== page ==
The inherent 'looseness" of the KLR front end disappeared instantly. With the knobbies on pavement the sensation is dramatically reduced.
Please help me understand 'inherent looseness'. I don't mean to sound snide. I'm truly looking for a reason to put a fork brace on my KLR.
On my first Sportster, I could feel the forks flexing and rebounding during hard cornering maneuvers, causing the bike to feel unsteady. A fork brace eliminated the flexing and rebounding.
On the KLR, I don't notice any flexing or rebounding in hard cornering maneuvers. I did notice some flexing when the bike was fully loaded, maybe overloaded, last Summer when I pushed too hard on a countering steering maneuver, but I chalked that up to poor technique. Maybe I'm just not pushing the KLR hard enough, but more than likely, I'm just not recognizing the 'looseness' for what it is.
I went to Alaska and back on the bike last Summer. I encountered all kinds of road and bridge surfaces. I've been riding the KLR off road. Intellectually, I want to put on a fork brace. But I also want to be able to know it makes a difference. What behavior(s) should I be looking for to know a fork brace will make a difference?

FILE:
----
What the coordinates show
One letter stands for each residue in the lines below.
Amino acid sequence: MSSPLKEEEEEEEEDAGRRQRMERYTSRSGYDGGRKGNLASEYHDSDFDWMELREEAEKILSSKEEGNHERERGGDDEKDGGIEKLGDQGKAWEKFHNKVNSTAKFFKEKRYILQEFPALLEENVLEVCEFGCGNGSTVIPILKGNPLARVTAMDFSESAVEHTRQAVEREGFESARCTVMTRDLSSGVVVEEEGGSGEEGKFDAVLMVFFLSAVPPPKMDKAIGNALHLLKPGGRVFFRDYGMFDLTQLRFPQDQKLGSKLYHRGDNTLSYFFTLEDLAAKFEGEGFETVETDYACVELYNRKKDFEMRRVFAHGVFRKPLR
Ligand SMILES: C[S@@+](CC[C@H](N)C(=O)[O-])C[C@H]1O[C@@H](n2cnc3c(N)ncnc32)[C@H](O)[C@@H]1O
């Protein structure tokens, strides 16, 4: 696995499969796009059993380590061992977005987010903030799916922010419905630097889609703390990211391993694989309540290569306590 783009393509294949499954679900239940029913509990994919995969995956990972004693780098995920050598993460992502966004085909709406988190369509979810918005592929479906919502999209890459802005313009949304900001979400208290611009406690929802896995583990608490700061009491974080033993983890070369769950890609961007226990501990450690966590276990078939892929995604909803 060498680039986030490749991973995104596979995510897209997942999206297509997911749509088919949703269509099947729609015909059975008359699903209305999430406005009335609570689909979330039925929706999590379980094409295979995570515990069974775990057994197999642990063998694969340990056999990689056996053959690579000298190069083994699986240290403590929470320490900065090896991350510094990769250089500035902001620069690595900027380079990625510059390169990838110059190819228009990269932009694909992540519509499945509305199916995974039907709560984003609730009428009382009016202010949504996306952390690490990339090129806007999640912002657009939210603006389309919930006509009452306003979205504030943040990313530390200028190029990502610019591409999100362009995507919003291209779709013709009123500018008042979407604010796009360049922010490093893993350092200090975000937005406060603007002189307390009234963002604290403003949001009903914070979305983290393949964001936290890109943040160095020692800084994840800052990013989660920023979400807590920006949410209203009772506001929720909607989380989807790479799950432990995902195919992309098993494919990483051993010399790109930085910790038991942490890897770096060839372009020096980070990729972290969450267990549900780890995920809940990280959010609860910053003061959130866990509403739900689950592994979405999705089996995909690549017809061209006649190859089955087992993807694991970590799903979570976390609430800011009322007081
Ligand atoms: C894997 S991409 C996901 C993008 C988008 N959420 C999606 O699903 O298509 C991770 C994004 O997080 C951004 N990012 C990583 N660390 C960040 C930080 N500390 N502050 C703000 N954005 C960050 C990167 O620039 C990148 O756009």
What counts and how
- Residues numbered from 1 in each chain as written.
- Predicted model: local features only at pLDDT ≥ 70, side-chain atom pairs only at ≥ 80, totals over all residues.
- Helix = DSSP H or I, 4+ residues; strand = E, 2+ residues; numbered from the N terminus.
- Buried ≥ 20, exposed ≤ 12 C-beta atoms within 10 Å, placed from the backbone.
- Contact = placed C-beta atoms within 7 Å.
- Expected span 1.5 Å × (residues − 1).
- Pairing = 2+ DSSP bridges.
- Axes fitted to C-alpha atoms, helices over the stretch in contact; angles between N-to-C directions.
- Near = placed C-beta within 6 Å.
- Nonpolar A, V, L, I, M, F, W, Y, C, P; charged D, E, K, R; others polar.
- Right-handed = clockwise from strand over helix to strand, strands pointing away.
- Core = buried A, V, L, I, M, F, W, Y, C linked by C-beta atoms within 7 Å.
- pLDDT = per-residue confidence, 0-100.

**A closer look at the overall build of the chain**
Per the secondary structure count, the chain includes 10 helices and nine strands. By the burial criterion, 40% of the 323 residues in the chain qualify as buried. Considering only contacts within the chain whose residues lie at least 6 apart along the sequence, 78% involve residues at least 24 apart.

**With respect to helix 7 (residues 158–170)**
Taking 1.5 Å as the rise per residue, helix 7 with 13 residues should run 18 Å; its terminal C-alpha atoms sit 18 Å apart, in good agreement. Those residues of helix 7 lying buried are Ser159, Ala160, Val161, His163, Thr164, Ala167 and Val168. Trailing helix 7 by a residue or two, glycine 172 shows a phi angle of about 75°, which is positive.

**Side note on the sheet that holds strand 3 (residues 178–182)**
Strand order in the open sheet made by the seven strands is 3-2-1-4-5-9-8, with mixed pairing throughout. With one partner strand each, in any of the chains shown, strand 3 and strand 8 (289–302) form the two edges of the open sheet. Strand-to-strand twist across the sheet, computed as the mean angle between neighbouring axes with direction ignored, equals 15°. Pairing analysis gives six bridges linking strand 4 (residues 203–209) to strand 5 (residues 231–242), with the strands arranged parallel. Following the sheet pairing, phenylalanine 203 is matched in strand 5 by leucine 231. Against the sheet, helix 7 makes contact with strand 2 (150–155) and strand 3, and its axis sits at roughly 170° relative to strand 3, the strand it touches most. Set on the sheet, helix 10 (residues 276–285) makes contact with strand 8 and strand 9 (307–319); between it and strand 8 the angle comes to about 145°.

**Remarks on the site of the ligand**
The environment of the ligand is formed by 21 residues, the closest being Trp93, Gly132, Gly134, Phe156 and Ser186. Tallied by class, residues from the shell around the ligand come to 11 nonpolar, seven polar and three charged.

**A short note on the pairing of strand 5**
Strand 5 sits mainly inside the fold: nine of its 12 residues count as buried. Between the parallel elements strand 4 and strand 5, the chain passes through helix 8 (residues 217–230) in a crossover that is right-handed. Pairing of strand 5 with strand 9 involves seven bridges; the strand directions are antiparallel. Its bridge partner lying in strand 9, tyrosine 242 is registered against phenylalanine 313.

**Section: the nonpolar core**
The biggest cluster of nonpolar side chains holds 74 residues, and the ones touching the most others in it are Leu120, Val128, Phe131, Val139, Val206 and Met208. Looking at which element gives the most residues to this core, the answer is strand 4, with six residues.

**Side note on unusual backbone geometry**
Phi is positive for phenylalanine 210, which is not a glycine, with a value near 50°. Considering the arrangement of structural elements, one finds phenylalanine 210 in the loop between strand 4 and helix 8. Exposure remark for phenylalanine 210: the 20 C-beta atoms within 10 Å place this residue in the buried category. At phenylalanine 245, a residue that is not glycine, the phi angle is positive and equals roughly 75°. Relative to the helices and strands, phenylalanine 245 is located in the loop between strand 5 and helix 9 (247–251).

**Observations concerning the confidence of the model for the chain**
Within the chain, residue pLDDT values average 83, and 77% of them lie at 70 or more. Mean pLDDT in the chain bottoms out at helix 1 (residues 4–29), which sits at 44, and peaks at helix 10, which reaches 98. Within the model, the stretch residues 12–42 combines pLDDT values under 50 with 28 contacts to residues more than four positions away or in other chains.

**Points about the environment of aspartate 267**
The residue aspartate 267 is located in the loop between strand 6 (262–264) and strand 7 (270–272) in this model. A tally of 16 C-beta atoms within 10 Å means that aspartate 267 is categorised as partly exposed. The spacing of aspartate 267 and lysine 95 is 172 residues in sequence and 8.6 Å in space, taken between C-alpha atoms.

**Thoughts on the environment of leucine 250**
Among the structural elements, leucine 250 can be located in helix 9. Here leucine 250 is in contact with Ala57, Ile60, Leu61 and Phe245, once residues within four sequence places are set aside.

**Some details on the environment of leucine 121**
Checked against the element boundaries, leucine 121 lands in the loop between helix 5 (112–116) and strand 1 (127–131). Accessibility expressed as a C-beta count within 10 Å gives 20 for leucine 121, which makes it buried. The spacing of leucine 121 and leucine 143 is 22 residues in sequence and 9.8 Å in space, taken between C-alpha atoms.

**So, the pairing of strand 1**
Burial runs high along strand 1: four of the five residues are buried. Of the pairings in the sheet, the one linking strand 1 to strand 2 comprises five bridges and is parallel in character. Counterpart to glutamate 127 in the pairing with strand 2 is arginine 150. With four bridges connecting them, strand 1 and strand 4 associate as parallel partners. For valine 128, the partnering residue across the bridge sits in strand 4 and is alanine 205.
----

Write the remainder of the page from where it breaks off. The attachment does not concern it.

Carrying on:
I also get concerned with the posts I've read that say a fork brace can slip and cause problems when ridden hard off road. Should I really worry about this happening?
I also get concerned that putting a fork brace on will potentially cause issues in deep mud with mud getting stuck between the fork brace and the tire, causing the tire to stop spinning. This is probably just dumb thinking given where mud builds up on the back wheel, swing arm, and frame. But the rear wheel is driven. The front wheel is not. BTW -- I don't intend to ride in deep mud often. It sucks!
The whole fork brace decision is something that continues to bug me. Obviously I think too much about this.